Anyone aged over 16 (for child tax credits) and over 25 (for working tax credits) who normally lives in the UK can apply for them, depending on their income, the hours they work, whether they have a disability, and whether they pay for childcare.

What are their circumstances?

The more you earn, the less you are likely to receive. Single claimants must work at least 16 hours a week. Let’s take a full-time worker: if you work at least 30 hours a week, you are generally eligible for working tax credits if you earn less than £13,253 a year (if you’re single and don’t have children), or less than £18,023 (jointly as part of a couple without children but working at least 30 hours a week).

And for families?

A family with children and an income below about £32,200 can claim child tax credit. It used to be that the more children you have, the more you are eligible to receive – but George Osborne in his most recent Budget has limited child tax credit to two children.

How much money do you receive?

Again, this depends on your circumstances. The basic payment for a single claimant, or a joint claim by a couple, of working tax credits is £1,940 for the tax year. You can then receive extra, depending on your circumstances. For example, single parents can receive up to an additional £2,010, on top of the basic £1,940 payment; people who work more than 30 hours a week can receive up to an extra £810; and disabled workers up to £2,970. The average award of tax credit is £6,340 per year. Child tax credit claimants get £545 per year as a flat payment, plus £2,780 per child.

How many people claim tax credits?

About 4.5m people – the vast majority of these people (around 4m) have children.

How much does it cost the taxpayer?

The estimation is that they will cost the government £30bn in April 2015/16. That’s around 14 per cent of the £220bn welfare budget, which the Tories have pledged to cut by £12bn.

Who introduced this system?

New Labour. Gordon Brown, when he was Chancellor, developed tax credits in his first term. The system as we know it was established in April 2003.

Why did they do this?

To lift working people out of poverty, and to remove the disincentives to work believed to have been inculcated by welfare. The tax credit system made it more attractive for people depending on benefits to work, and gave those in low-paid jobs a helping hand.

Did it work?

Yes. Tax credits’ biggest achievement was lifting a record number of children out of poverty since the war. The proportion of children living below the poverty line fell from 35 per cent in 1998/9 to 19 per cent in 2012/13.

So what’s the problem?

Well, it’s a bit of a weird system in that it lets companies pay wages that are too low to live on without the state supplementing them. Many also criticise tax credits for allowing the minimum wage – also brought in by New Labour – to stagnate (ie. not keep up with the rate of inflation). David Cameron has called the system of taxing low earners and then handing them some money back via tax credits a “ridiculous merry-go-round”.

Then it’s a good thing to scrap them?

It would be fine if all those low earners and families struggling to get by would be given support in place of tax credits – a living wage, for example.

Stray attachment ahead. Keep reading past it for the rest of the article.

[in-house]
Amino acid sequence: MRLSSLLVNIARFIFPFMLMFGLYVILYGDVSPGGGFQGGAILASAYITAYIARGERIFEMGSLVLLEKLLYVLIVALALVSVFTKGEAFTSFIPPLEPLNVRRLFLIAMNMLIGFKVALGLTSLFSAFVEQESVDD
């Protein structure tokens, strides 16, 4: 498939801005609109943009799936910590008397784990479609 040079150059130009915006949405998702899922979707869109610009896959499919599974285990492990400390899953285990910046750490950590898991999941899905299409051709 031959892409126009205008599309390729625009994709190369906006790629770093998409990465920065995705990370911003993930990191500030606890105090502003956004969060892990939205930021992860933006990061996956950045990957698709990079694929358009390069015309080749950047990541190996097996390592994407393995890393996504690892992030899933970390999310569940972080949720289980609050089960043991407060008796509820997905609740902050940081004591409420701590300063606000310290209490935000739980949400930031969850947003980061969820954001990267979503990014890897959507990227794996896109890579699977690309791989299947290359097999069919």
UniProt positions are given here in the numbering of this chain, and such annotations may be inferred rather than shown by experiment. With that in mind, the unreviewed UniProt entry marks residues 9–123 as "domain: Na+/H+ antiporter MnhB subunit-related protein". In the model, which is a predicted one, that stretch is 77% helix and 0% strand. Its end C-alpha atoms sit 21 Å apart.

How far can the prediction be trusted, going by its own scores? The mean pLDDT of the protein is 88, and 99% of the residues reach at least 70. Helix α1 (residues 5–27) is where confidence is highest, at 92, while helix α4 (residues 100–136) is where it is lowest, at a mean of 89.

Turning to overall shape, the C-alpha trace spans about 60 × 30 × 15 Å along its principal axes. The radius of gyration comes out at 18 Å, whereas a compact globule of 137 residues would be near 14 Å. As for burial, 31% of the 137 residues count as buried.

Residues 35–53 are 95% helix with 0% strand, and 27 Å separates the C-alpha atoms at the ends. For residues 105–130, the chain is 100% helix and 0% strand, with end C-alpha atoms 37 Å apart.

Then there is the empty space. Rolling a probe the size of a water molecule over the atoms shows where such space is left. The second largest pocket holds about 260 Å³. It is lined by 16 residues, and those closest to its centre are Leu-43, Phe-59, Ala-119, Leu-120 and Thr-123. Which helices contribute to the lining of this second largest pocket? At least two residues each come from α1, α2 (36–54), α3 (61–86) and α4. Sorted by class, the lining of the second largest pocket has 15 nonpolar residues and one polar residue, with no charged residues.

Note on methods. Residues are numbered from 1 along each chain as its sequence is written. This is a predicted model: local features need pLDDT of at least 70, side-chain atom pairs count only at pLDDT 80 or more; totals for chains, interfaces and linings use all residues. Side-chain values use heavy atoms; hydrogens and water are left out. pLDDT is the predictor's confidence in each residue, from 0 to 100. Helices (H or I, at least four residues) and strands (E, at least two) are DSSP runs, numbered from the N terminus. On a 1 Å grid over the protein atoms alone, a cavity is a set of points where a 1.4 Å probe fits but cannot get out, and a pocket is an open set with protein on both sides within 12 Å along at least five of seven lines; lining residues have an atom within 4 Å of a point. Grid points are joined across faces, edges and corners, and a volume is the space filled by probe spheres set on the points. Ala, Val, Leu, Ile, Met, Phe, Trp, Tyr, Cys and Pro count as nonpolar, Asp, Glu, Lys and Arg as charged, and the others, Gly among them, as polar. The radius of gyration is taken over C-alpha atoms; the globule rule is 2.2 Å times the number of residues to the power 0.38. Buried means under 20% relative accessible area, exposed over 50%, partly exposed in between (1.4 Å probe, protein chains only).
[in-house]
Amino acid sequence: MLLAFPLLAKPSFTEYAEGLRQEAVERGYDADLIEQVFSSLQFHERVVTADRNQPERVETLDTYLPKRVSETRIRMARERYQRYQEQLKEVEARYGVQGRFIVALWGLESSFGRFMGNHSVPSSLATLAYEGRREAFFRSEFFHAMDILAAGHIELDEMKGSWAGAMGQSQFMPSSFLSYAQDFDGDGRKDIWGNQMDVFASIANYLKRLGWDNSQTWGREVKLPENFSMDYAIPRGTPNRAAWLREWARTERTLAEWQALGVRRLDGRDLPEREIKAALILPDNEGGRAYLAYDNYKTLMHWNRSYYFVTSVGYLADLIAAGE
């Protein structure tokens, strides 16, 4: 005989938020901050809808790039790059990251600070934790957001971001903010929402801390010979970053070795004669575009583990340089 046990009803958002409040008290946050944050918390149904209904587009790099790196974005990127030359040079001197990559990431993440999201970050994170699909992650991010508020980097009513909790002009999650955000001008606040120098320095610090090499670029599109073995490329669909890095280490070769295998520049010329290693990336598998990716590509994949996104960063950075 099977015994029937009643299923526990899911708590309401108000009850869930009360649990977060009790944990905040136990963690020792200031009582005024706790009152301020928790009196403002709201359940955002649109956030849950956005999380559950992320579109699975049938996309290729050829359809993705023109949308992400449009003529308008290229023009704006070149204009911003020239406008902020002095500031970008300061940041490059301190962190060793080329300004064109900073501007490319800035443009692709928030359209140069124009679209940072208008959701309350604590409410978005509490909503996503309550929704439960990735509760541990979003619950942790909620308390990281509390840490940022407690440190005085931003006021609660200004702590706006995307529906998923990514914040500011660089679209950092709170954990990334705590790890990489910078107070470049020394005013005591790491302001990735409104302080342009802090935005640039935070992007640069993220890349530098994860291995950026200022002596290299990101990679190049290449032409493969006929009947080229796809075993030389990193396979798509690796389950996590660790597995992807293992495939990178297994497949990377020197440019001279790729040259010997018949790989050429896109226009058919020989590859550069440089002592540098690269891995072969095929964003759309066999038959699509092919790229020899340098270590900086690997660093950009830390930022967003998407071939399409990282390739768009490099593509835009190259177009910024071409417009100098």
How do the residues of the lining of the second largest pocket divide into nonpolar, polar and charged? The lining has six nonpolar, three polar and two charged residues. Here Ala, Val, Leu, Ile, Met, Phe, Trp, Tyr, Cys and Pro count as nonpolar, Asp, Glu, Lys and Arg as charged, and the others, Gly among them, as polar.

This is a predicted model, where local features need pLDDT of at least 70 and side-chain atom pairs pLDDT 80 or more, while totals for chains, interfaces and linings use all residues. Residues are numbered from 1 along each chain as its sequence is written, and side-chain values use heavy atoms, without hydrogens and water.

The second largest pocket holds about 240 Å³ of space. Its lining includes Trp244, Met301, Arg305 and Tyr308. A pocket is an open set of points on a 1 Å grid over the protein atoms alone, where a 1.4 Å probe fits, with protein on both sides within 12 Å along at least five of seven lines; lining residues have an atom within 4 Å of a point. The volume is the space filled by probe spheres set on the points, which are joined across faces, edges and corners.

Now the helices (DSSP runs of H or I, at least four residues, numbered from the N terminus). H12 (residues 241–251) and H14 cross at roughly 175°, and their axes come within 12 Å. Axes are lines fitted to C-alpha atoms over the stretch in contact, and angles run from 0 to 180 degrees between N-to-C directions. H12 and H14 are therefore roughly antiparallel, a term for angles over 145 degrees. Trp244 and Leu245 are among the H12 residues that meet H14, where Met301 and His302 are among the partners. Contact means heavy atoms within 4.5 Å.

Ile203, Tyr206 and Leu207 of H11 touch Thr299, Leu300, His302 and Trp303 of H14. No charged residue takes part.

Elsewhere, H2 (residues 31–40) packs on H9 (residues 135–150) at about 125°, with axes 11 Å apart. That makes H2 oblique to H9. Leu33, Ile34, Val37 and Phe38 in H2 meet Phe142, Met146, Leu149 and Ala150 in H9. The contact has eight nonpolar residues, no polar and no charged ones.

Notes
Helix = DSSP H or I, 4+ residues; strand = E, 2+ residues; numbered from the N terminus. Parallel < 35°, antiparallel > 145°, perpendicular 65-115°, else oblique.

And that’s why the Tories are introducing a living wage...

That’s what they call it. But it’s not. The Chancellor announced in his most recent Budget a new minimum wage of £7.20 an hour for over-25s, rising to £9 by 2020. He called this the “national living wage” – it’s not, because the current living wage (which is calculated by the Living Wage Foundation, and currently non-compulsory) is already £9.15 in London and £7.85 in the rest of the country.

Will people be better off?

No. Quite the reverse. The IFS has said this slightly higher national minimum wage will not compensate working families who will be subjected to tax credit cuts; it is arithmetically impossible. The IFS director, Paul Johnson, commented: “Unequivocally, tax credit recipients in work will be made worse off by the measures in the Budget on average.” It has been calculated that 3.2m low-paid workers will have their pay packets cut by an average of £1,350 a year.

Could the government change its policy to avoid this?

The Prime Minister and his frontbenchers have been pretty stubborn about pushing on with the plan. In spite of criticism from all angles – the IFS, campaigners, Labour, The Sun – Cameron has ruled out a review of the policy in the Autumn Statement, which is on 25 November. But there is an alternative. The chair of parliament’s Work & Pensions Select Committee and Labour MP Frank Field has proposed what he calls a “cost neutral” tweak to the tax credit cuts.

How would this alternative work?

Currently, if your income is less than £6,420, you will receive the maximum amount of tax credits. That threshold is called the gross income threshold. Field wants to introduce a second gross income threshold of £13,100 (what you earn if you work 35 hours a week on minimum wage). Those earning a salary between those two thresholds would have their tax credits reduced at a slower rate on whatever they earn above £6,420 up to £13,100. The percentage of what you earn above the basic threshold that is deducted from your tax credits is called the taper rate, and it is currently at 41 per cent. In contrast to this plan, the Tories want to halve the income threshold to £3,850 a year and increase the taper rate to 48 per cent once you hit that threshold, which basically means you lose more tax credits, faster, the more you earn.

When will the tax credit cuts come in?

They will be imposed from April next year, barring a u-turn.

Anoosh Chakelian is deputy web editor at the New Statesman.